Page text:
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Should You Take Your Kids To A Restaurant? Here's What The Experts Say

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After months of serving three meals and countless snacks daily to your ever-present family, you’re probably ready to put Mom’s Diner on permanent hiatus. So if your state is now allowing indoor dining or outdoor dining, you might be tempted to make a reservation. But should you bring your kids to a restaurant? Sure, it would be great to have someone serve you dinner for a change, but it's not worth your family's health.

“You need to really think if the benefits outweigh the risks," pediatrician Dr. Alison Mitzner M.D. tells Romper in an email.

The risks are well-documented, and show no signs of going away. "Public-health experts and government officials say they are worried bars and restaurants are playing a significant role in increasing Covid-19 case counts across parts of the U.S.," reported The Wall Street Journal on July 3. Restaurants pose "particular challenges" for transmission control, the WSJ continued: The easiest way for the coronavirus to spread is "indoors through close, prolonged contact without protection;" "loud talking, not wearing masks and drinking alcohol" are among the riskiest behaviors.

“If you decide to eat outside the home, the lowest risk would be take-out or delivery options,” says Dr. Mitzner. “If you prefer on-site dining out, I would use caution. Stick to outdoor dining rather than indoor.” Dr. Mitzner also recommends checking out your city’s data on the current number of COVID-19 cases before making any plans to dine out. “If the cases are growing each day, use caution and consider holding off,” she says.

Mitzner's recommendations are in line with those of the Centers for Disease Control and Prevention (CDC), which state that delivery, takeout, drive-through and curbside pickup are the safest options because they involve fewer transactions between people. Still, if you decide to try outdoor or indoor dining, there are some steps you can take to make the experience as safe as possible.

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“Research the restaurant before you go and see what safety precautions they have set up for their restaurant for keeping you safe, such as social distancing, masks, and sanitizing,” says Dr. Mitzner. And if the restaurant looks exactly as it did pre-pandemic when you walk in, walk right back out. “Tables need to be widely spaced apart,” licensed physician Leann Poston M.D., M.B.A., M.Ed., tells Romper. “And all workers should be wearing a mask.”

The same goes for you and your family. “Ideally, everyone would wear a mask at all times, except for eating,” says Dr. Poston. And if you thought you were going to have a leisurely lunch with apps, entrees, and dessert, think again. “Keep the meal quick,” says Dr. Mitzner.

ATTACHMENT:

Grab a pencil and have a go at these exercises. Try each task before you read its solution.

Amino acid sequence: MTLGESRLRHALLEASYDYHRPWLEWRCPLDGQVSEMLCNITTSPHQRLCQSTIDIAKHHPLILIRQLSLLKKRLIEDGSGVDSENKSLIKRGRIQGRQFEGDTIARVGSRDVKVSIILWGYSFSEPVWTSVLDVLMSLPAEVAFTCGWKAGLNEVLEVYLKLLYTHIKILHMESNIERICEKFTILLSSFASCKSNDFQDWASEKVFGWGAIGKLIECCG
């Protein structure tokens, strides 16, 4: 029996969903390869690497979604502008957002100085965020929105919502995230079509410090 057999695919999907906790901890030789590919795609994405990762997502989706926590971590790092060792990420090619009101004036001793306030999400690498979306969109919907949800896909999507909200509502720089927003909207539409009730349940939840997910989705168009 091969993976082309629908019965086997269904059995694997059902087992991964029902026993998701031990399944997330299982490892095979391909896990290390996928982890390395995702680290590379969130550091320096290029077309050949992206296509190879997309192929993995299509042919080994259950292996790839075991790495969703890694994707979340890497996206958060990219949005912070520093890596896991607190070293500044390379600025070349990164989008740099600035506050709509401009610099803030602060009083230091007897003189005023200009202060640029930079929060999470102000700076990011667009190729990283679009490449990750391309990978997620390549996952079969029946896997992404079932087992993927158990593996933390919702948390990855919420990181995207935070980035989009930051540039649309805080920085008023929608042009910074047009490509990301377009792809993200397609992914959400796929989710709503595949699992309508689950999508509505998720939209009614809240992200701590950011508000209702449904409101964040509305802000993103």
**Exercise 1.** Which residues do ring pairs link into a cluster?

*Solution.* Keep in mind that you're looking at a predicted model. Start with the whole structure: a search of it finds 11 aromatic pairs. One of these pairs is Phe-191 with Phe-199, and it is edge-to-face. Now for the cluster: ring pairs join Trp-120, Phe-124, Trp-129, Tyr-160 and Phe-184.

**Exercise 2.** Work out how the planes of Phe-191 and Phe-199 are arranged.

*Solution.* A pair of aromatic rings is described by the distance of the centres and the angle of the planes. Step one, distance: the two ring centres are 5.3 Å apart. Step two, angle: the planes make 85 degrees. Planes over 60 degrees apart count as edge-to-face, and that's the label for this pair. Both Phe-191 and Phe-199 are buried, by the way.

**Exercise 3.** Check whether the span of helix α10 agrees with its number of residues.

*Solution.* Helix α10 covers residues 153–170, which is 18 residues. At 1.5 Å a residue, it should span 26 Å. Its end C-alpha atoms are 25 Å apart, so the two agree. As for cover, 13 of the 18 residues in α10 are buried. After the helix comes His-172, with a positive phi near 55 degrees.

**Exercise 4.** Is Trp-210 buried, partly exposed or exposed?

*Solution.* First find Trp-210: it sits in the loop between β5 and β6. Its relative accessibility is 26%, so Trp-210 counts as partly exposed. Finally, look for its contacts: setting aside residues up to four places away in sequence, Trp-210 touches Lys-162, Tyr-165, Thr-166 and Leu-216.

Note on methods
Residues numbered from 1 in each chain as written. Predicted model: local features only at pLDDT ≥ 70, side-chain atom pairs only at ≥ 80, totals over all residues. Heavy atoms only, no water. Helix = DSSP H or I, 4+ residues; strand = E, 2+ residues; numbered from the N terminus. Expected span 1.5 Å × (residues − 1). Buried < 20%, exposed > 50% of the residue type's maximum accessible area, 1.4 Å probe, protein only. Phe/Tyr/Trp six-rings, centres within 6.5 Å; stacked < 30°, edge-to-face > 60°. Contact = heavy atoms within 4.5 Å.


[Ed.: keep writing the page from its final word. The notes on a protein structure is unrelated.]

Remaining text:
If your kid is the type to touch the table, the chairs — even the gross gooey stuff under the tabletop — you'll definitely want to pack a preparedness bag. “Be sure to have alcohol wipes and/or hand sanitizer with you to clean your hands prior to eating in case the restaurant doesn’t have or runs out,” says Dr. Mitzner. “Be careful with items and objects others would have touched such as table counters, and if you or your kids do touch, be sure not to touch your mouths or faces.”

Timing is also an important factor. “Choose a time period that is not crowded over one that is,” says Dr. Poston. “You want to minimize the time you are spending inside.”

And while you'll of course make sure that everyone uses the bathroom before leaving the house, there’s bound to be a kid who has to go when you're on the go. If that’s the case, tread cautiously. “As for bathrooms, there is still the question about whether viral particles, that are aerosolized when the toilet flushes, are infectious,” says Dr. Poston. Make sure that your child doesn’t remove their mask while in the loo, and try to move things along as quickly as possible.

Ultimately, you'll have to use your best judgment to decide if eating out at a restaurant right now is worth the potential risk, hassle, and stress. If you want to support your local restaurants, you can always opt for takeout or delivery, and eat safely inside your home or picnic in your backyard — no social distancing or masks required.

If you think you’re showing symptoms of coronavirus, which include fever, shortness of breath, and cough, call your doctor before going to get tested. If you’re anxious about the virus’s spread in your community, visit the CDC for up-to-date information and resources, or seek out mental health support. You can find all of Romper’s parents + coronavirus coverage here.

Experts:

Dr. Alison Mitzner, M.D., pediatrician

Dr. Leann Poston, MD, M.B.A., M.Ed., licensed physician